""" Extended Kalman Filter implementation using landmarks to localize Implemented by Addison Sears-Collins Date: December 10, 2020 """ import numpy as np import scipy.linalg as la import math class LandmarkDetector(object): """ This class represents the sensor mounted on the robot that is used to to detect the location of landmarks in the environment. """ def __init__(self,landmark_list): """ Calculates the sensor measurements for the landmark sensor Input :param landmark_list: 2D list of landmarks [L1,L2,L3,...,LN], where each row is a 2D landmark defined by Li =[l_i_x,l_i_y] which corresponds to its x position and y position in the global coordinate frame. """ # Store the x and y position of each landmark in the world self.landmarks = np.array(landmark_list) # Record the total number of landmarks self.N_landmarks = self.landmarks.shape[0] # Variable that represents landmark sensor noise (i.e. error) self.W = None def get_W(self): """ This function provides the covariance matrix W which describes the noise that can be applied to the sensor measurements. Feel free to experiment with different levels of noise. Output :return: W: measurement noise matrix (4x4 matrix given two landmarks) In this implementation there are two landmarks. Each landmark has an x location and y location, so there are 4 individual sensor measurements. """ # In the EKF code, we will condense this 4x4 matrix so that it is a 4x1 # landmark sensor measurement noise vector (i.e. [x1 noise, y1 noise, x2 # noise, y2 noise] if self.W is None: self.W = 0.0095*np.eye(2*self.N_landmarks) return self.W def measure(self,x,w=None): """ Computes the landmark sensor measurements for the system. This will be a list of range (i.e. distance) and relative angles between the robot and a set of landmarks defined with [x,y] positions. Input :param x: The state [x_t,y_t,theta_t] of the system -> np.array with shape (3,). x is a 3x1 vector :param w: The noise (assumed Gaussian) applied to the measurement -> np.array with shape (2 * N_Landmarks,) w is a 4x1 vector Output :return: y: The resulting observation vector (4x1 in this implementation because there are 2 landmarks). The resulting measurement is y = [h1_range_1,h1_angle_1, h2_range_2, h2_angle_2] """ # Create the observation vector y = np.zeros(shape=(2*self.N_landmarks,)) # Initialize state variables x_t = x[0] y_t = x[1] THETA_t = x[2] # Fill in the observation model y for i in range(0, self.N_landmarks): # Set the x and y position for landmark i x_l_i = self.landmarks[i][0] y_l_i = self.landmarks[i][1] # Set the noise value w_r = w[i*2] w_b = w[i*2+1] # Calculate the range (distance from robot to the landmark) and # bearing angle to the landmark range_i = math.sqrt(((x_t - x_l_i)**2) + ((y_t - y_l_i)**2)) + w_r angle_i = math.atan2(y_t - y_l_i,x_t - x_l_i) - THETA_t + w_b # Populate the predicted sensor observation vector y[i*2] = range_i y[i*2+1] = angle_i return y def jacobian(self,x): """ Computes the first order jacobian around the state x Input :param x: The starting state (position) of the system -> np.array with shape (3,) Output :return: H: The resulting Jacobian matrix H for the sensor. The number of rows is equal to two times the number of landmarks H. 2 rows (for the range (distance) and bearing to landmark measurement) x 3 columns for the number of states (X, Y, THETA). In other words, the number of rows is equal to the total number of individual sensor measurements. Since we have 2 landmarks, H will be a 4x3 matrix (2 * N_Landmarks x Number of states) """ # Create the Jacobian matrix H # For example, the first two rows of the Jacobian matrix H pertain to # the first landmark: # dh_range/dx_t dh_range/dy_t dh_range/dtheta_t # dh_bearing/dx_t dh_bearing/dy_t dh_bearing/dtheta_t # Note that 'bearing' and 'angle' are synonymous in this program. H = np.zeros(shape=(2 * self.N_landmarks, 3)) # Extract the state X_t = x[0] Y_t = x[1] THETA_t = x[2] # Fill in H, the Jacobian matrix with the partial derivatives of the # observation (measurement) model h # Partial derivatives were calculated using an online partial derivatives # calculator. # atan2 derivatives are listed here https://en.wikipedia.org/wiki/Atan2 for i in range(0, self.N_landmarks): # Set the x and y position for landmark i x_l_i = self.landmarks[i][0] y_l_i = self.landmarks[i][1] dh_range_dx_t = (X_t-x_l_i) / math.sqrt((X_t-x_l_i)**2 + (Y_t-y_l_i)**2) H[i*2][0] = dh_range_dx_t dh_range_dy_t = (Y_t-y_l_i) / math.sqrt((X_t-x_l_i)**2 + (Y_t-y_l_i)**2) H[i*2][1] = dh_range_dy_t dh_range_dtheta_t = 0 H[i*2][2] = dh_range_dtheta_t dh_bearing_dx_t = -(Y_t-y_l_i) / ((X_t-x_l_i)**2 + (Y_t-y_l_i)**2) H[i*2+1][0] = dh_bearing_dx_t dh_bearing_dy_t = (X_t-x_l_i) / ((X_t-x_l_i)**2 + (Y_t-y_l_i)**2) H[i*2+1][1] = dh_bearing_dy_t dh_bearing_dtheta_t = -1.0 H[i*2+1][2] = dh_bearing_dtheta_t return H def EKF(DiffDrive,Sensor,y,x_hat,sigma,u,dt,V=None,W=None): """ Some of these matrices will be non-square or singular. Utilize the pseudo-inverse function la.pinv instead of inv to avoid these errors. Input :param DiffDrive: The DifferentialDrive object defined in kinematics.py :param Sensor: The Landmark Sensor object defined in this class :param y: The observation vector (4x1 in this implementation because there are 2 landmarks). The measurement is y = [h1_range_1,h1_angle_1, h2_range_2, h2_angle_2] :param x_hat: The starting estimate of the state at time t -> np.array with shape (3,) (X_t, Y_t, THETA_t) :param sigma: The state covariance matrix at time t -> np.array with shape (3,1) initially, then 3x3 :param u: The input to the system at time t -> np.array with shape (2,1) These are the control inputs to the system. [left wheel rotational velocity, right wheel rotational velocity] :param dt: timestep size delta t :param V: The state noise covariance matrix -> np.array with shape (3,3) :param W: The measurment noise covariance matrix -> np.array with shape (2*N_Landmarks,2*N_Landmarks) 4x4 matrix Output :return: x_hat_2: The estimate of the state at time t+1 [X_t+1, Y_t+1, THETA_t+1] :return: sigma_est: The new covariance matrix at time t+1 (3x3 matrix) """ V = DiffDrive.get_V() # 3x3 matrix for the state noise W = Sensor.get_W() # 4x4 matrix for the measurement noise ## Generate noise # v = process noise, w = measurement noise v = np.random.multivariate_normal(np.zeros(V.shape[0]),V) # 3x1 vector w = np.random.multivariate_normal(np.zeros(W.shape[0]),W) # 4x1 vector ##### Prediction Step ##### # Predict the state estimate based on the previous state and the # control input # x_predicted is a 3x1 vector (X_t+1, Y_t+1, THETA_t+1) x_predicted = DiffDrive.forward(x_hat,u,v,dt) # Calculate the A and B matrices A, B = DiffDrive.linearize(x=x_hat) # Predict the covariance estimate based on the # previous covariance and some noise # A and V are 3x3 matrices sigma_3by3 = None if (sigma.size == 3): sigma_3by3 = sigma * np.eye(3) else: sigma_3by3 = sigma sigma_new = A @ sigma_3by3 @ A.T + V ##### Correction Step ##### # Get H, the 4x3 Jacobian matrix for the sensor H = Sensor.jacobian(x_hat) # Calculate the observation model # y_predicted is a 4x1 vector y_predicted = Sensor.measure(x_predicted, w) # Measurement residual (delta_y is a 4x1 vector) delta_y = y - y_predicted # Residual covariance # 4x3 @ 3x3 @ 3x4 -> 4x4 matrix S = H @ sigma_new @ H.T + W # Compute the Kalman gain # The Kalman gain indicates how certain you are about # the observations with respect to the motion # 3x3 @ 3x4 @ 4x4 -> 3x4 K = sigma_new @ H.T @ la.pinv(S) # Update the state estimate # 3x1 + (3x4 @ 4x1 -> 3x1) x_hat_2 = x_predicted + (K @ delta_y) # Update the covariance estimate # 3x3 - (3x4 @ 4x3) @ 3x3 sigma_est = sigma_new - (K @ H @ sigma_new) return x_hat_2 , sigma_est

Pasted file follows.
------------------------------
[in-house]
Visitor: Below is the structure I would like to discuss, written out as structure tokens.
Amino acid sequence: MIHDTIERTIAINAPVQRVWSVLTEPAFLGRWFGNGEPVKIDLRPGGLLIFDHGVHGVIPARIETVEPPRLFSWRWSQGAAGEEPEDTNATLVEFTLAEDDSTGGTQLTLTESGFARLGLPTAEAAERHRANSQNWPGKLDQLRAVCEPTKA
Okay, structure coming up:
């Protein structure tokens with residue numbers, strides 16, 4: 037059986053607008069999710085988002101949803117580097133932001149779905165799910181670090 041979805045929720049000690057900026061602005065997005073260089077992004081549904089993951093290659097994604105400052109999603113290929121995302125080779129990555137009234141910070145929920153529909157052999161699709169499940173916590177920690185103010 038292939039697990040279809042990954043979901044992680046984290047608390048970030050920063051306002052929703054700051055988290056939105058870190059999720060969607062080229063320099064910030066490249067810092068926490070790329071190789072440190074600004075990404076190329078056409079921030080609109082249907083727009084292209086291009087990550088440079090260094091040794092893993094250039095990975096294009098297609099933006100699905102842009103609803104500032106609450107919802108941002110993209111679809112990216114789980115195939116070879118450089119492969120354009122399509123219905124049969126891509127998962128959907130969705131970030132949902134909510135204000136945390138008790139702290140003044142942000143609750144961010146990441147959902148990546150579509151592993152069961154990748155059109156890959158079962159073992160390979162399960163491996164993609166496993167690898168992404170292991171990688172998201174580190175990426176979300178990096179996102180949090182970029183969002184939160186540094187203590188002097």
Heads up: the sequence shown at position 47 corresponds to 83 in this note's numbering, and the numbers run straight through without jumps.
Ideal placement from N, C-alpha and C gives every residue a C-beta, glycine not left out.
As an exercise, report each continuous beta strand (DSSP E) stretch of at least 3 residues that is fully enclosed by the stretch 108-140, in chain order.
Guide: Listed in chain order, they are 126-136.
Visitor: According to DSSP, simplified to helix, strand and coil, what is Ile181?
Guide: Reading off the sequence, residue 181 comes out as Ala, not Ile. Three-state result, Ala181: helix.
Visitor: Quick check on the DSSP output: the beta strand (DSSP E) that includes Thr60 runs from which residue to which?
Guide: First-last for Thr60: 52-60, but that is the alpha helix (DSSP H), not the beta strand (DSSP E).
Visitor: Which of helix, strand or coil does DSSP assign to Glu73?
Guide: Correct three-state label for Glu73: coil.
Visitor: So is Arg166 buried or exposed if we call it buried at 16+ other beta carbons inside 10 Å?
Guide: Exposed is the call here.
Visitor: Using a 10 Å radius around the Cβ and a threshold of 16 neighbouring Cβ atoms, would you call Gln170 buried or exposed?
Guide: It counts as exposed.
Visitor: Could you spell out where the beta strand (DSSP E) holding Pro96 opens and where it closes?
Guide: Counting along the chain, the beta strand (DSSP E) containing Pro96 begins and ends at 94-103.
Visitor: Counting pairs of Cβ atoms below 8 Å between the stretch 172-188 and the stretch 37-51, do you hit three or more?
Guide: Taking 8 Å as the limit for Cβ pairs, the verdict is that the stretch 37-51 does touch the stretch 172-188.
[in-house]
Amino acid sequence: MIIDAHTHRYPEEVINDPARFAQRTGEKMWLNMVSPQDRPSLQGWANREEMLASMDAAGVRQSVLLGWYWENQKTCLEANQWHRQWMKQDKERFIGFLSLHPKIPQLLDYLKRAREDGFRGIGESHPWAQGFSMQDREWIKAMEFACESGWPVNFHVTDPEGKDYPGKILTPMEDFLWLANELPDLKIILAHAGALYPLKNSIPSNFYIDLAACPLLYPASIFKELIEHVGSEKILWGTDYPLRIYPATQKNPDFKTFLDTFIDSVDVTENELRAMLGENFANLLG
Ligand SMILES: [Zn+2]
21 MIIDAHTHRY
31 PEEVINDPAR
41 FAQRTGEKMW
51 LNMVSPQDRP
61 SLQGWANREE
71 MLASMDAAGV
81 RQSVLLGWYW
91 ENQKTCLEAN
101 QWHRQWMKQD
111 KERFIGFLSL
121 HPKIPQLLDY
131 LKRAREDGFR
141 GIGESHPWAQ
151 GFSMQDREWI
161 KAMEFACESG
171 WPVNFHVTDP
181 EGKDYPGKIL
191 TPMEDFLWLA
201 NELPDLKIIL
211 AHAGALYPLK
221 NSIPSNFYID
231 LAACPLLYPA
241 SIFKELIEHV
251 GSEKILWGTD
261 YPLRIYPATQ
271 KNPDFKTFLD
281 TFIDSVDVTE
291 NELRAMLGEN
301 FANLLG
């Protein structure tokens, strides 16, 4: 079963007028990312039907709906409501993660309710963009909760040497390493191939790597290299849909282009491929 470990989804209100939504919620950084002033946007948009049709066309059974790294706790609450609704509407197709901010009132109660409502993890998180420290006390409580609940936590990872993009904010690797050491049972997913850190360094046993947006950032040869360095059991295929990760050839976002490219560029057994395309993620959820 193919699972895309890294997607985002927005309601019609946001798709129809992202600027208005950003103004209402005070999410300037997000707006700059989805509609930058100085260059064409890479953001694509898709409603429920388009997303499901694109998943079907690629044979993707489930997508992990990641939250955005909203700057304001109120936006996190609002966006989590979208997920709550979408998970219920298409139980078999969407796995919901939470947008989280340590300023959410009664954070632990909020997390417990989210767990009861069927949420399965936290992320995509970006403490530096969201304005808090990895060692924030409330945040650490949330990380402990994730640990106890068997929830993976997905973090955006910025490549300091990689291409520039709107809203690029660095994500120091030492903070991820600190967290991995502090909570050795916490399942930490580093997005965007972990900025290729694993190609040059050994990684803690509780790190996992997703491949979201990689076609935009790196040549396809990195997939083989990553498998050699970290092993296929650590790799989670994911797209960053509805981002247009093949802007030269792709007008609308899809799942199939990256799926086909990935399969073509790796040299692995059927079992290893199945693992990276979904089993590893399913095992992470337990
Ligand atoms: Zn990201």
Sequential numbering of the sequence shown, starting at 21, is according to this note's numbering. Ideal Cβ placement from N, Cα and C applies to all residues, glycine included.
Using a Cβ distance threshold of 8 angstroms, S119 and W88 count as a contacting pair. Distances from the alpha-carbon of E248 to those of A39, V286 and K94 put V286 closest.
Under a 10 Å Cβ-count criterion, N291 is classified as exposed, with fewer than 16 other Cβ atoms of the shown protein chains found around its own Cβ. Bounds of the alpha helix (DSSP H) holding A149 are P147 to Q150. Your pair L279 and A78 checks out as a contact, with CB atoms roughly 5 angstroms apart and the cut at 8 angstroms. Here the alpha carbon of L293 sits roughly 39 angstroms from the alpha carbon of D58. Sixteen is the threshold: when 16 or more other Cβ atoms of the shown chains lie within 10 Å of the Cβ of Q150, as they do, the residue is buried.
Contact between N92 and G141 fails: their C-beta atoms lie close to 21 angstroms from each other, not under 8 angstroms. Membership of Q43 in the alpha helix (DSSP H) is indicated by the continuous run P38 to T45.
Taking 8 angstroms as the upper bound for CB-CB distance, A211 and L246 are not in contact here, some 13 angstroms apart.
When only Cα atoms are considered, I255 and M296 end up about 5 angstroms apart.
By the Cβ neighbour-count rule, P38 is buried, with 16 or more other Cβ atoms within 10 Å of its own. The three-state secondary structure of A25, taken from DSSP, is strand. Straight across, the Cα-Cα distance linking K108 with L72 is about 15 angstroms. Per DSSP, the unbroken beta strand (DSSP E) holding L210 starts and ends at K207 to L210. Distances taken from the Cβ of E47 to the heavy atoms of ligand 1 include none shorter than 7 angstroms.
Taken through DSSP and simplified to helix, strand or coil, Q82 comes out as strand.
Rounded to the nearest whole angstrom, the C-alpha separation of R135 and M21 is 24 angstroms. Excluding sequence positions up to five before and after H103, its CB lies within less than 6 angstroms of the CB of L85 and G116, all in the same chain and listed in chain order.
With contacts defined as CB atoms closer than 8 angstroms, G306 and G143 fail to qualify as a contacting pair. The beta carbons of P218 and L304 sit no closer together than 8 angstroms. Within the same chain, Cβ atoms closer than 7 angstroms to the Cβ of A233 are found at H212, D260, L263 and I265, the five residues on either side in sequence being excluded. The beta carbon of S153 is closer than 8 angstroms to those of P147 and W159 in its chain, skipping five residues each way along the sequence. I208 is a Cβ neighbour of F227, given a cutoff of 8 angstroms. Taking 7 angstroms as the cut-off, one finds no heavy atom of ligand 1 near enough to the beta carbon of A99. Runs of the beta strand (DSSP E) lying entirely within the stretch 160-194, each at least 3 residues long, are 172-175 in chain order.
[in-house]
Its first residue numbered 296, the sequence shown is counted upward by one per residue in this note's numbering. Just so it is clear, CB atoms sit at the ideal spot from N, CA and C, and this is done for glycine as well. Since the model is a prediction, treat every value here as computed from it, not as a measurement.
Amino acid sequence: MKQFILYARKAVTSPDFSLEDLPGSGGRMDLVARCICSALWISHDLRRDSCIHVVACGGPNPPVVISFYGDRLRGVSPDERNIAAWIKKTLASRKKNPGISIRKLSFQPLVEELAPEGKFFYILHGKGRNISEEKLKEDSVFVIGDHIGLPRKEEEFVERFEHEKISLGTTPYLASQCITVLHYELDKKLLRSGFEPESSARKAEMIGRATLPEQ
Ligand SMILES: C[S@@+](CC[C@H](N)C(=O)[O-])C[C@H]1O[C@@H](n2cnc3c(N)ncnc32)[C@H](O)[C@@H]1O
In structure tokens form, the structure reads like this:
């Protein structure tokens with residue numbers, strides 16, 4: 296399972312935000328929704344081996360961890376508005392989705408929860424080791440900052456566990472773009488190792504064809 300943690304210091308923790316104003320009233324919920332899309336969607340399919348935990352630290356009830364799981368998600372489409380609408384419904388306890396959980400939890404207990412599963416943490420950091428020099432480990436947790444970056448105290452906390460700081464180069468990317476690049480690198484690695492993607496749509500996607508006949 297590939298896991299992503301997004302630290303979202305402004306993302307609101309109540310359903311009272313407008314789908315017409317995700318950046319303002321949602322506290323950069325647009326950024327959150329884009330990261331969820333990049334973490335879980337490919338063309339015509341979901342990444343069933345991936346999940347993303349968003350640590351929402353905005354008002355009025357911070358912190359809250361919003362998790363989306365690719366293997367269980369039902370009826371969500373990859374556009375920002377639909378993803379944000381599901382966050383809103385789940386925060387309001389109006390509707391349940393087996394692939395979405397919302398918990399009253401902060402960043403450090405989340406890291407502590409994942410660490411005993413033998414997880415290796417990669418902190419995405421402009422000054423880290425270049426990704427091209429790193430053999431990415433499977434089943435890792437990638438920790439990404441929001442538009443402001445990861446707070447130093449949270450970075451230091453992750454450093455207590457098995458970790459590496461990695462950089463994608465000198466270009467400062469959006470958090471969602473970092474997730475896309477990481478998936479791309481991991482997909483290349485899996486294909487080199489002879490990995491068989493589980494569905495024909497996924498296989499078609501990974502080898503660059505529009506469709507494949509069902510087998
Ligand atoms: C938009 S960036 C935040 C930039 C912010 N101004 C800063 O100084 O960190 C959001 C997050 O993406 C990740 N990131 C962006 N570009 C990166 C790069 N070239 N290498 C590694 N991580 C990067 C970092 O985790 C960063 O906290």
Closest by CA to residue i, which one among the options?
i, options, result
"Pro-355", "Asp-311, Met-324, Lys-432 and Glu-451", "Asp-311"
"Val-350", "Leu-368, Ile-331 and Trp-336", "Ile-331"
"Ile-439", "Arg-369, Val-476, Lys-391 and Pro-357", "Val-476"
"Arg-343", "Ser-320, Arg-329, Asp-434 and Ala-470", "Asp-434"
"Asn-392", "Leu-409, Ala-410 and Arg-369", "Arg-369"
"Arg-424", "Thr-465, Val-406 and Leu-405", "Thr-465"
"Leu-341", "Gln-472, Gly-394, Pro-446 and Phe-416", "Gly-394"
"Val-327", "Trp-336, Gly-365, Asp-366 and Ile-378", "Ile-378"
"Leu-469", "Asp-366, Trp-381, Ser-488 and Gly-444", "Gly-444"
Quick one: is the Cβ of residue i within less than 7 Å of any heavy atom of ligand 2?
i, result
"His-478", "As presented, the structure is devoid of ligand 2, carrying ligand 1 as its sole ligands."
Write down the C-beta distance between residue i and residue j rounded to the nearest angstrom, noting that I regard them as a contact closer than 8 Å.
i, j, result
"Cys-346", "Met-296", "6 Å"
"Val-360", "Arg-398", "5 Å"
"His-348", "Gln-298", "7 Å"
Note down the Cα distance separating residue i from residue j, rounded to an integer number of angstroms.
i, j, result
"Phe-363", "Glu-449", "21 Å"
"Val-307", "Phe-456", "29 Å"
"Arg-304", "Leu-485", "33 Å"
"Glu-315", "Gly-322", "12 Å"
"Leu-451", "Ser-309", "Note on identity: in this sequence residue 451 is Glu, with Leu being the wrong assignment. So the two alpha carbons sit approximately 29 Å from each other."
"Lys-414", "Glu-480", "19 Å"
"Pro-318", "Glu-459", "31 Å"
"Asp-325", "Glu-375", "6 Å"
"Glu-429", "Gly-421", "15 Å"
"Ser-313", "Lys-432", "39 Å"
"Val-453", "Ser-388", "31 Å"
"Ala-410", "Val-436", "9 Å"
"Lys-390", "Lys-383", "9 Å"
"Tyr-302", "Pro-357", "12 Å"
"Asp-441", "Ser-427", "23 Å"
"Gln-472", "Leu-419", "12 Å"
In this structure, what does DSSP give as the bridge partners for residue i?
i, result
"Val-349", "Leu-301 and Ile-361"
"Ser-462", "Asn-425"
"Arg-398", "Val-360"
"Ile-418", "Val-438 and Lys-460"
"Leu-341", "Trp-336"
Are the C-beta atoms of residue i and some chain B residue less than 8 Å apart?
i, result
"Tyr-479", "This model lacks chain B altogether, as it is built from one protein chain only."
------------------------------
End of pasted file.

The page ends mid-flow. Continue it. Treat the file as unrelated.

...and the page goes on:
**utils.py**

""" Program: utils.py This program helps calculate the waypoints along the racetrack that the robot needs to follow. Modified from code developed by Atsushi Sakai Source: https://github.com/AtsushiSakai/PythonRobotics """ import numpy as np import math import cubic_spline_planner def pi_2_pi(angle): return (angle + math.pi) % (2*math.pi) - math.pi def compute_traj(ax,ay): cx, cy, cyaw, ck, s = cubic_spline_planner.calc_spline_course( ax, ay, ds=0.1) target_speed = 1 # simulation parameter km/h -> m/s sp = calc_speed_profile(cx, cy, cyaw, target_speed) desired_traj = np.array([cx,cy,cyaw,sp]).T return desired_traj def calc_nearest_index(state, traj): cx = traj[:,0] cy = traj[:,1] cyaw = traj[:,2] dx = [state[0] - icx for icx in cx] dy = [state[1] - icy for icy in cy] d = [idx ** 2 + idy ** 2 for (idx, idy) in zip(dx, dy)] mind = min(d) ind = d.index(mind) mind = math.sqrt(mind) dxl = cx[ind] - state[0] dyl = cy[ind] - state[1] angle = pi_2_pi(cyaw[ind] - math.atan2(dyl, dxl)) if angle < 0: mind *= -1 return ind, mind def calc_speed_profile(cx, cy, cyaw, target_speed): speed_profile = [target_speed] * len(cx) direction = 1.0 # Set stop point for i in range(len(cx) - 1): dyaw = abs(cyaw[i + 1] - cyaw[i]) switch = math.pi / 4.0 <= dyaw < math.pi / 2.0 if switch: direction *= -1 if direction != 1.0: speed_profile[i] = - target_speed else: speed_profile[i] = target_speed if switch: speed_profile[i] = 0.0 speed_profile[-1] = 0.0 return speed_profile

To run the code, navigate to the directory and run the **lqr_ekf_control.py** program. I’m using Anaconda to run my Python programs, so I’ll type:

python lqr_ekf_control.py

Keep building!